Wednesday, June 29, 2011

Living on an Italian vineyard

I wrote a blog a few days ago on the phone, but we have not been able to get on the internet for a while. I will publish that one when we get on WIFI, but for now, things will be out of order. Also, this keyboard seems to have no apostrophe, so I can not use contractions.  Continuing:

We spent the last three days living in the Agritourismo on the Barbarani vineyards, a guest of our friend Niccolò and his family.  Niccolò was an exchange student with my sister who lived in my bedroom for a couple of weeks 15 or so years ago.  He and his family are amazing hosts and took great care of us.

We left Venice on the bullet train to Florance on Saturday June 25.  We had a few hours to kill before our train left, which led us to wander around Venice and stumble on a large area of what seemed to be public housing.  It was very clean and seemed to have less graphetti that the rest of the city. But I digress.  The train was fast and comfortable, and we sat next to a girl traveling by herself from Guatamala. We did not know there was anyone in Guatamala well off enough to travel around Europe.  I digress again.  In Florance, we picked up our rental car and promptly got lost.  At least we were on the right side of the road.  Amidst flashing lights, a few horns, and lots of tailgating, we found our way to the interstate and headed down to Umbria, the region south of Tuscany.  There we followed Niccolòs directions around a beautful lake along curvy mountain roads to the Agritourismo, a restored Umbrian farmhouse on their winery.  We admired our view of vineyards and the lake, then headed into Orvieto to meet Niccolò for dinner.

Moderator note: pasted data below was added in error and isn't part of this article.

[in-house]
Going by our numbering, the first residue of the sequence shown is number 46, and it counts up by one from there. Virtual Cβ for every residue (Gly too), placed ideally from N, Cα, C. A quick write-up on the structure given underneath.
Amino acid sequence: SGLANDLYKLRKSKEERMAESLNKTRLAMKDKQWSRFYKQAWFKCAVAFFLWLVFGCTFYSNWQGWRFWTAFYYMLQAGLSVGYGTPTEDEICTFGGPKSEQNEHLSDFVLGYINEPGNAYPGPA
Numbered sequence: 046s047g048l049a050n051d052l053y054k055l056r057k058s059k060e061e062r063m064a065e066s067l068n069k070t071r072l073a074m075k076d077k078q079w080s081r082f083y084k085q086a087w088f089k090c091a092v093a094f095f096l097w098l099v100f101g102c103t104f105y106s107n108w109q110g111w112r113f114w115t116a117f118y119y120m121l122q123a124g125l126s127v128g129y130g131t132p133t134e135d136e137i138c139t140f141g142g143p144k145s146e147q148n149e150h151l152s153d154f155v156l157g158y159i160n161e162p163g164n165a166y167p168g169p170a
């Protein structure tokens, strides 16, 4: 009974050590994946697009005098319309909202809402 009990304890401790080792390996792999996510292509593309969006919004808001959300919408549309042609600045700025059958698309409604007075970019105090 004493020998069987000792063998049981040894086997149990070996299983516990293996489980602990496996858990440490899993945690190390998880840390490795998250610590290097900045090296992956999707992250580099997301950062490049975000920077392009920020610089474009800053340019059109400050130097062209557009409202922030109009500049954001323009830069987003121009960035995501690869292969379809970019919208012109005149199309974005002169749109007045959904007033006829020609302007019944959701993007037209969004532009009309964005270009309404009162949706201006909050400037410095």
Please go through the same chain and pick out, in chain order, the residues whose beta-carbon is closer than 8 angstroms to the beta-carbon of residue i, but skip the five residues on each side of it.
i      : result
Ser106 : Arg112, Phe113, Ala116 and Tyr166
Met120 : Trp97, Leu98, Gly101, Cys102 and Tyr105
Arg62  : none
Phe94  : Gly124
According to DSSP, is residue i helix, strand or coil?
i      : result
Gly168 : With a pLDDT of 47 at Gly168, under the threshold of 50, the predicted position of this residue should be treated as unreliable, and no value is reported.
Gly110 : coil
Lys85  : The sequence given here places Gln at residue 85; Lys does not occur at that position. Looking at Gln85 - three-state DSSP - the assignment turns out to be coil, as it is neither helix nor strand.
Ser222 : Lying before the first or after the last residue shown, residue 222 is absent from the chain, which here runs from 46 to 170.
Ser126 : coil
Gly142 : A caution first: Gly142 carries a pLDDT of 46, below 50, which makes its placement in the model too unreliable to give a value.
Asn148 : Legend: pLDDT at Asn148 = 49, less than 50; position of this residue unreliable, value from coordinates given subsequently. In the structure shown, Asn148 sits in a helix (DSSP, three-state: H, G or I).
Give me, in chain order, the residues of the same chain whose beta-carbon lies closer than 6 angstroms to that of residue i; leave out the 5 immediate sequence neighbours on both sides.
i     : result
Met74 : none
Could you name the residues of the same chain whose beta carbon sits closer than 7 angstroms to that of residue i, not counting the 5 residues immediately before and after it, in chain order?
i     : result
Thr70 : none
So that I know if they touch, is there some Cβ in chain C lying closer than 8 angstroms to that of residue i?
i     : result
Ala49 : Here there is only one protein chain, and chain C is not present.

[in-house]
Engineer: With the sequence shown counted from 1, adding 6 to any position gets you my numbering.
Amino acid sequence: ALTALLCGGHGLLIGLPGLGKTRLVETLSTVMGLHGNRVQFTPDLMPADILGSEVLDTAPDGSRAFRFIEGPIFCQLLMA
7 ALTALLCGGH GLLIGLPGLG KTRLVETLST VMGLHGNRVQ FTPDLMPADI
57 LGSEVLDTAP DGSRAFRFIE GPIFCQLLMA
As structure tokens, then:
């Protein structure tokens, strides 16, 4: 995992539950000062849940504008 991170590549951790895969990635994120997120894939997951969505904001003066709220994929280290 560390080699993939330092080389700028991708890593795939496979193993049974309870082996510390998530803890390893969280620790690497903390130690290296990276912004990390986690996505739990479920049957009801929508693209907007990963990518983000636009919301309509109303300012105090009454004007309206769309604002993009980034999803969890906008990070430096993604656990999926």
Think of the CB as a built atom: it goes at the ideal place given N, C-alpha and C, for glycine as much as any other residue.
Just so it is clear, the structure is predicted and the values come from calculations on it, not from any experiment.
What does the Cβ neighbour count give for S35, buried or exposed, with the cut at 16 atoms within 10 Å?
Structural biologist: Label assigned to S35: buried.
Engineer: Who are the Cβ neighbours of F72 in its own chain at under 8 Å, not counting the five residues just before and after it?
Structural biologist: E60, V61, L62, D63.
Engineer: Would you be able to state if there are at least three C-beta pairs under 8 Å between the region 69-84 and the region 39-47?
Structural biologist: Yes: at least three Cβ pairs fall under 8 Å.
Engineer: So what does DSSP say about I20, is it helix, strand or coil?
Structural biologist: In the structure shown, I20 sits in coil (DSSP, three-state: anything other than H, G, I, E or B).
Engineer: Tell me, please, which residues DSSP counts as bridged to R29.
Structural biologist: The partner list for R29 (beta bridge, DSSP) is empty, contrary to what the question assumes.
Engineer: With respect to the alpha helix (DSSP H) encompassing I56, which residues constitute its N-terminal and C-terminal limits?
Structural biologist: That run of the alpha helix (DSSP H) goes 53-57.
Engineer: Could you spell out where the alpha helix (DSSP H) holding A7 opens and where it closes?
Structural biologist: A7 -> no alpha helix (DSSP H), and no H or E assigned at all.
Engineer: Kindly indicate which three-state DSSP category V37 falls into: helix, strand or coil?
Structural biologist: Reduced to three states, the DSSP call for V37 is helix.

Dinner was an Umbrian feast.  Black truffles are in season, which means they find their way into every course of every meal.  Fortunately, we love them.  For those who do not know, like me, truffles are a tuber, like potatoes, and not a fungus, like mushrooms.  They taste like very delicate, mild mushrooms, to me at least.  We started with proscutto (ham, my spelling is awful), cheese, bruscetta with liver, bruscetta with some type of bean and meat paste, bruscetta with marinated pork cheek, bruscetta with lard, honey, and rosemary, and bruscetta with truffle spread.  Sounds weird, but trust me, it was delicious.  Anna followed with vegetable pasta and I enjoyed a perfectly cooked steak with olive oil and truffles.  We enjoyed Barbarani Foresca wine, of course, and finished with tiramissu.  On a side note, we have had tiramissu twice, and both times it was more custardy than cakey.  The lady fingers were small and completely subsumed in the coffee custard.  I like this style more than the kind you get in the US.

Our tour guide just arrived to take us on a tour of the castle and winery where we are staying in Tuscany.  I will continue to fill in the blanks as we have the chance.  For all to know, Anna is feeling better and is learning to drive stick! 

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